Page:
Triptycene-based polymers of intrinsic microporosity: Organic materials that can be tailored for gas adsorption

Bader Ghanem, Mohammed Hashem, Kenneth D.M. Harris, Kadhum J. Msayib, Mingcan Xu, Peter M. Budd, Nhamo Chaukura, David Book, Steven Tedds, Allan Walton, Neil B. McKeown

Research output: Contribution to journalArticlepeer-review

224 Scopus citations

Abstract

We report the synthesis and properties of network polymers of intrinsic microporosity (network - PIMs) derived from triptycene monomers that possess alkyl groups attached to their bridgehead positions. Gas adsorption can be controlled by the length and branching of the alkyl chains so that the apparent BET surface area of the materials can be tuned within the range 618 - 1760 m2 g- 1. Shorter (e.g., methyl) or branched (e.g., isopropyl) alkyl chains provide the materials of greatest microporosity, whereas longer alkyl chains appear to block the microporosity created by the rigid organic framework. The enhanced microporosity, in comparison to other PIMs, originates from the macromolecular shape of the framework, as dictated by the triptycene units, which helps to reduce intermolecular contact between the extended planar struts of the rigid framework and thus reduces the efficiency of packing within the solid. The hydrogen adsorption capacities of the triptycene-based PIMs with either methyl or isopropyl substituents are among the highest for purely organic materials at low or moderate presures (1.83% by mass at 1 bar/77K; 3.4% by mass at 18 bar/77 K). The impressive hydrogen adsorption capacity of these materials is related to a high concentration of subnanometre micropores, as verified by Horvath - Kawazoe analysis of low-pressure nitrogen adsorption data.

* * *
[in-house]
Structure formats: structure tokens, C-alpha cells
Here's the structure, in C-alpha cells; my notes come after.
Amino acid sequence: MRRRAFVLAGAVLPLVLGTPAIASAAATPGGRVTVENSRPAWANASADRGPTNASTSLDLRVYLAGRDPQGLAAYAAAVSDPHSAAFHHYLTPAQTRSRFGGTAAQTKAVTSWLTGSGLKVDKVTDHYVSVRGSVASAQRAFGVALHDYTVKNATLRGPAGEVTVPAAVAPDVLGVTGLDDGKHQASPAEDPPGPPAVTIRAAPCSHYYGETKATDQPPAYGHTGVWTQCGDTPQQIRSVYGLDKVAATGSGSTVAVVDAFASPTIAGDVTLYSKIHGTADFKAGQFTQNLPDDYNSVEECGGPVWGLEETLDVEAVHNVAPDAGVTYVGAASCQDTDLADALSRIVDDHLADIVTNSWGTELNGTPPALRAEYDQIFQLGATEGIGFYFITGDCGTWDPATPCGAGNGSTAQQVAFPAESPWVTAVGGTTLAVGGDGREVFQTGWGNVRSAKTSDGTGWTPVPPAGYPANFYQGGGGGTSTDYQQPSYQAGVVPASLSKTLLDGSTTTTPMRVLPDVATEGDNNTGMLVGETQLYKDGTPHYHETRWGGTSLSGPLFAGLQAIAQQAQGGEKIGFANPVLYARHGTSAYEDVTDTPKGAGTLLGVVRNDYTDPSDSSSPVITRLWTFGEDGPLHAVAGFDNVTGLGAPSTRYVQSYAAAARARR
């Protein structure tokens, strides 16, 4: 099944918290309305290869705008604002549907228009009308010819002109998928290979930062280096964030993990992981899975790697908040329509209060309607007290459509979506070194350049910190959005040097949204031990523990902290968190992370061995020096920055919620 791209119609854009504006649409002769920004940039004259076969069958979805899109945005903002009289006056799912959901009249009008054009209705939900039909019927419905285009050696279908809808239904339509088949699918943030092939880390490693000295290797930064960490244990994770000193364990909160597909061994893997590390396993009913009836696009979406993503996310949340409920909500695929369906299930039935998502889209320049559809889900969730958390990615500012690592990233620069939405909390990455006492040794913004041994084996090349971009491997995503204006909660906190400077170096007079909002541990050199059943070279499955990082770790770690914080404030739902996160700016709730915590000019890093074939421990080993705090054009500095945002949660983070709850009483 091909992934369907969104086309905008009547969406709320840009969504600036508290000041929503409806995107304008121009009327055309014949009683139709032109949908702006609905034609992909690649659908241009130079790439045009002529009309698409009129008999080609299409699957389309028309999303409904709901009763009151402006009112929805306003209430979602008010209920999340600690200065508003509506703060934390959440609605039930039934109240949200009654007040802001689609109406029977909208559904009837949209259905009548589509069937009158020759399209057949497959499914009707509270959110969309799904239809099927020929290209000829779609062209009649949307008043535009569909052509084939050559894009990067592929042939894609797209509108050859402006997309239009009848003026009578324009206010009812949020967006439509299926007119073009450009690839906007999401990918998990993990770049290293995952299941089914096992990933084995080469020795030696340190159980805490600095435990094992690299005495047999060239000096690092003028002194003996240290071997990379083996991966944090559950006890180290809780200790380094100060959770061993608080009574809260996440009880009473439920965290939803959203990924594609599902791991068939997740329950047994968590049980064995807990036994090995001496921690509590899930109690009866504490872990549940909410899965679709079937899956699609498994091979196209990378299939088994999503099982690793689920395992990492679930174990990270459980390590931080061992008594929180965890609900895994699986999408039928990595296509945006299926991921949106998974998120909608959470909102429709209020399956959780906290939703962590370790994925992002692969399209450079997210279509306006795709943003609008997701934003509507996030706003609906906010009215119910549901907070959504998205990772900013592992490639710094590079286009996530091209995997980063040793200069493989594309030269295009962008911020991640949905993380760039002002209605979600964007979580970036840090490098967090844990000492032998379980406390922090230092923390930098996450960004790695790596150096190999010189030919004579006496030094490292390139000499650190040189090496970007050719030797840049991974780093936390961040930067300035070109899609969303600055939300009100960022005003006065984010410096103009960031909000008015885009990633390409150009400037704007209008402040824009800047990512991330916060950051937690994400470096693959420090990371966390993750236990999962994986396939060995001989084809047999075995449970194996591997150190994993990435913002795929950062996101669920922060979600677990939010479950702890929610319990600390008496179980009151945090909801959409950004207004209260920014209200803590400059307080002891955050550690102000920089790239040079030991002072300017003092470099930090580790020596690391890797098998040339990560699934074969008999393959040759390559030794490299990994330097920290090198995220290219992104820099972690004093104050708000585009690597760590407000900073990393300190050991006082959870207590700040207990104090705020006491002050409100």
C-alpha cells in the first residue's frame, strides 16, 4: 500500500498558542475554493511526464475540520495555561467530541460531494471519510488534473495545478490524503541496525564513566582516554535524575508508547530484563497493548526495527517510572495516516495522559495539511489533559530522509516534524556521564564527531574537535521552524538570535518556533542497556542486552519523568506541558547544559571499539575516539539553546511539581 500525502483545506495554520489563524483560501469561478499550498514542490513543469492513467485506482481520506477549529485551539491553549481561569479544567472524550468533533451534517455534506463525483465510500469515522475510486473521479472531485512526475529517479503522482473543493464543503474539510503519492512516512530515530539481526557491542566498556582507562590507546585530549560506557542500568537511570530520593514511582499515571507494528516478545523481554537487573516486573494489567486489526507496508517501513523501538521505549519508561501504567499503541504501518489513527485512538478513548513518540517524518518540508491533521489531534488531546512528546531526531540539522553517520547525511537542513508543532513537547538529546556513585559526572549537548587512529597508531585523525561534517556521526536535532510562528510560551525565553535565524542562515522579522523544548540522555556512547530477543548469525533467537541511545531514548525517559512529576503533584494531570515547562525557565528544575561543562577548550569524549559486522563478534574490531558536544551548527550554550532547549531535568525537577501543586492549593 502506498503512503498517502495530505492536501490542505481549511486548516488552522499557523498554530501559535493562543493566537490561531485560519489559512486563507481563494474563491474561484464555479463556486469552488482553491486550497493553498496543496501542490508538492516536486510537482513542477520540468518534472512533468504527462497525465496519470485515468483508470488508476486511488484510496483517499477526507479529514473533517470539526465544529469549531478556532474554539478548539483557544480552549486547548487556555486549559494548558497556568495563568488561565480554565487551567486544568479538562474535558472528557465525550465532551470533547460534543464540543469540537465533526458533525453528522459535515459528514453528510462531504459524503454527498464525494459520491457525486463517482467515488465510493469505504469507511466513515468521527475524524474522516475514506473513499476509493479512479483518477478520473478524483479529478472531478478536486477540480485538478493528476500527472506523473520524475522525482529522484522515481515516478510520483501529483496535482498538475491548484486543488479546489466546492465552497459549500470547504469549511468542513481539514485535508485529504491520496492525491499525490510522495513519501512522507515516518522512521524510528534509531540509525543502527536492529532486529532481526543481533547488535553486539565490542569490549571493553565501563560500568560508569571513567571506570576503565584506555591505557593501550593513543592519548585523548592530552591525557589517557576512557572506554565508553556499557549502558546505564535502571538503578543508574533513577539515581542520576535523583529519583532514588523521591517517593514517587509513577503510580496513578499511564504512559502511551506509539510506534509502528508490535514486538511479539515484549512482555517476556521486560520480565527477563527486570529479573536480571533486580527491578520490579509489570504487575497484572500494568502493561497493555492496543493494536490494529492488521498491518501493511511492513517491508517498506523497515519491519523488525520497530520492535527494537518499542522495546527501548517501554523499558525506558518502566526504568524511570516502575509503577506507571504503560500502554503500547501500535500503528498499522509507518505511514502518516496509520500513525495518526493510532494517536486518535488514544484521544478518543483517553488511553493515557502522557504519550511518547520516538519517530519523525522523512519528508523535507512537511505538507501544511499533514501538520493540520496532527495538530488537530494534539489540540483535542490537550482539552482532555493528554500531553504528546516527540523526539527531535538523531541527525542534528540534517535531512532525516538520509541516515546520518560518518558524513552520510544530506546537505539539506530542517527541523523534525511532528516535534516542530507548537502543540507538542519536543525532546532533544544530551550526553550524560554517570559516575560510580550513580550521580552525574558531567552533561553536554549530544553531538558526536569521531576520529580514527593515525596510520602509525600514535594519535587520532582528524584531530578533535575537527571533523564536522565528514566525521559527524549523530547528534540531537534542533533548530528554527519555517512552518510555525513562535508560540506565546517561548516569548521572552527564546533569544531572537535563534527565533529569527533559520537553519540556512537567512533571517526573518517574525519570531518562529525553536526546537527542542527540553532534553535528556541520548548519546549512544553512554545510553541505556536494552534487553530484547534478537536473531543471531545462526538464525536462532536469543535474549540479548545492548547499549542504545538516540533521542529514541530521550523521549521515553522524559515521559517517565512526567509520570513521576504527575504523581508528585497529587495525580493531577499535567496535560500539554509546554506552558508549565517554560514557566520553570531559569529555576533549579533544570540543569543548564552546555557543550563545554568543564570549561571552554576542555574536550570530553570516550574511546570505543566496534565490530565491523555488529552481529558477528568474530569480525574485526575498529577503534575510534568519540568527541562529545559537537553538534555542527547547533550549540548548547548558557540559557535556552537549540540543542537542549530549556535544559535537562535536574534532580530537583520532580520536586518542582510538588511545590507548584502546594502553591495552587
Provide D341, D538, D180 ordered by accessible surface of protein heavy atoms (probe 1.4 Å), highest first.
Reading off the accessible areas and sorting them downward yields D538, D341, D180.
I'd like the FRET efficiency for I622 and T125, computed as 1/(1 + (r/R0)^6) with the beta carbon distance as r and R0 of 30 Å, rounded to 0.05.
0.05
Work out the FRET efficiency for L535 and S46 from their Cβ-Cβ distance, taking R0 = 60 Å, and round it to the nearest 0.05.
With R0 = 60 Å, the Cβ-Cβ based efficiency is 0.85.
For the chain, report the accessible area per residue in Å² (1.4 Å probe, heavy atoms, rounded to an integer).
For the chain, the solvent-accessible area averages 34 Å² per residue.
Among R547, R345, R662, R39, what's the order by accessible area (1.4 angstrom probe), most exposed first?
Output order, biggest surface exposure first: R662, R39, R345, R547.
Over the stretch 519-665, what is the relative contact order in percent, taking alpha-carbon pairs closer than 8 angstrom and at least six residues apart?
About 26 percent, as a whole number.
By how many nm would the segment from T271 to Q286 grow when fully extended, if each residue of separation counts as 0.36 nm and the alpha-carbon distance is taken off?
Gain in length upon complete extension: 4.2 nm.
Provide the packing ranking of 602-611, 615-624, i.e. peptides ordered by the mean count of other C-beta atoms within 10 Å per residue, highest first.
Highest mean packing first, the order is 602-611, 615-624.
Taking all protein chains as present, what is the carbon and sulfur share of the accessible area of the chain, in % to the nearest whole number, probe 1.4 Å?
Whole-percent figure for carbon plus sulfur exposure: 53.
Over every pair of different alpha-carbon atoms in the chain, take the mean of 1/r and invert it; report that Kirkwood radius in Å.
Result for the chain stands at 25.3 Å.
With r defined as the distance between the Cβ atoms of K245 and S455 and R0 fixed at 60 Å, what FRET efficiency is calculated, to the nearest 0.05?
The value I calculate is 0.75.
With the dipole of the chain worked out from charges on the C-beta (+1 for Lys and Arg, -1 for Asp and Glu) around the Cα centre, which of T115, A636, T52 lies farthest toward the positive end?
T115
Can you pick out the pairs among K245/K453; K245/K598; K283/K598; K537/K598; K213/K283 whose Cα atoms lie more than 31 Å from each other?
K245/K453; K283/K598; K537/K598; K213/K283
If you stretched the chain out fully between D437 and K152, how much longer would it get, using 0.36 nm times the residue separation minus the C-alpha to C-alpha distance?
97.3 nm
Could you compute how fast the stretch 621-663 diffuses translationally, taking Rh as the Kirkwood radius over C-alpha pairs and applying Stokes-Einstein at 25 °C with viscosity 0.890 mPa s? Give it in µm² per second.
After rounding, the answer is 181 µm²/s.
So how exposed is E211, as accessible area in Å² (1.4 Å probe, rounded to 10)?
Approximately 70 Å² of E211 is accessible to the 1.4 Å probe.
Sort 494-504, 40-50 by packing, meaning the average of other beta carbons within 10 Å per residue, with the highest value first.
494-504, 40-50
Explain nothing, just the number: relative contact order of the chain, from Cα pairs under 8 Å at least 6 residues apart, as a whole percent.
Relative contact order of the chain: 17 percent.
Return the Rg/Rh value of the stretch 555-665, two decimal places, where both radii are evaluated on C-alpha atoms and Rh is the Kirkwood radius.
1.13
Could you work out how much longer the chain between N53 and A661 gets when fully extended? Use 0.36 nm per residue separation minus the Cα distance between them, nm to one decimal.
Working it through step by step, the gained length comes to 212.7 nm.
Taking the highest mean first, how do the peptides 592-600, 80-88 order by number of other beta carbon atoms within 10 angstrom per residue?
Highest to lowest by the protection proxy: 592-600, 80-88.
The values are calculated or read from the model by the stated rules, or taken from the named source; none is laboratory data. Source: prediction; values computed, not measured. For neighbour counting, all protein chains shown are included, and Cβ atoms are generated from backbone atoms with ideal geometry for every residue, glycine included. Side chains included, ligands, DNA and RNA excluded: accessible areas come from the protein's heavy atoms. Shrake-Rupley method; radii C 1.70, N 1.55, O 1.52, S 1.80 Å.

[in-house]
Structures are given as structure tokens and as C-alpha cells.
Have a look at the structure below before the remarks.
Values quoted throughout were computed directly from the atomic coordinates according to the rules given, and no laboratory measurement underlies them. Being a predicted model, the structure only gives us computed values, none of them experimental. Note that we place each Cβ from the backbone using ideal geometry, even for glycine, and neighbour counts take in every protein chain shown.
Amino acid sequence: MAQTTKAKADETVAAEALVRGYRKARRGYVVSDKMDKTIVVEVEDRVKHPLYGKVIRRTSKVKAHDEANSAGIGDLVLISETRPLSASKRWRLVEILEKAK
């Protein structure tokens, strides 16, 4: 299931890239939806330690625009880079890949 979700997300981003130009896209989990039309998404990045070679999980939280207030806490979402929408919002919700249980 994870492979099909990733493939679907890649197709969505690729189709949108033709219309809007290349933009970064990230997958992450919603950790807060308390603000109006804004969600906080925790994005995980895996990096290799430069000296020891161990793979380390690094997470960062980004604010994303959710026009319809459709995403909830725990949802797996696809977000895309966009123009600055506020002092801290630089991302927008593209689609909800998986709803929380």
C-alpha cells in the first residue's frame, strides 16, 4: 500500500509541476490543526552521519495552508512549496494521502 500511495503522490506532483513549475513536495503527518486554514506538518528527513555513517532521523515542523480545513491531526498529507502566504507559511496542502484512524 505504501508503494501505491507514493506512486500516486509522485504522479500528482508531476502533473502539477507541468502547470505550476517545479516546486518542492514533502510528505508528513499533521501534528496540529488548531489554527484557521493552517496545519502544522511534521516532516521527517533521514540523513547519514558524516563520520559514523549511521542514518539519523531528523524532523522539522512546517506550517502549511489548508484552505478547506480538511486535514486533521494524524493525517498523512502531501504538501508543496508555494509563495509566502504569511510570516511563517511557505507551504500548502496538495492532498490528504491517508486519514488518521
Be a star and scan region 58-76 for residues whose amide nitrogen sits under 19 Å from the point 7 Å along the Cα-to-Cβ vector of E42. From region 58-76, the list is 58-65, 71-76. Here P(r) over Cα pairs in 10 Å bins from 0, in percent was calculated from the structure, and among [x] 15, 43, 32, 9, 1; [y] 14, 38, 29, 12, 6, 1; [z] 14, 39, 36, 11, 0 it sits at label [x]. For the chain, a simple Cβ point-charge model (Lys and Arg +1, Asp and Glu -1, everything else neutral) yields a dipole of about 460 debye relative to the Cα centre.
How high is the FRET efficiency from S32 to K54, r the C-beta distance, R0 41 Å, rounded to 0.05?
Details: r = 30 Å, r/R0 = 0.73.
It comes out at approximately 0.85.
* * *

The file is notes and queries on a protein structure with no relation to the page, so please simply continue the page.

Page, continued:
Original languageEnglish (US)
Pages (from-to)5287-5294
Number of pages8
JournalMacromolecules
Volume43
Issue number12
DOIs
StatePublished - Jun 22 2010

ASJC Scopus subject areas

  • Organic Chemistry
  • Polymers and Plastics
  • Inorganic Chemistry
  • Materials Chemistry

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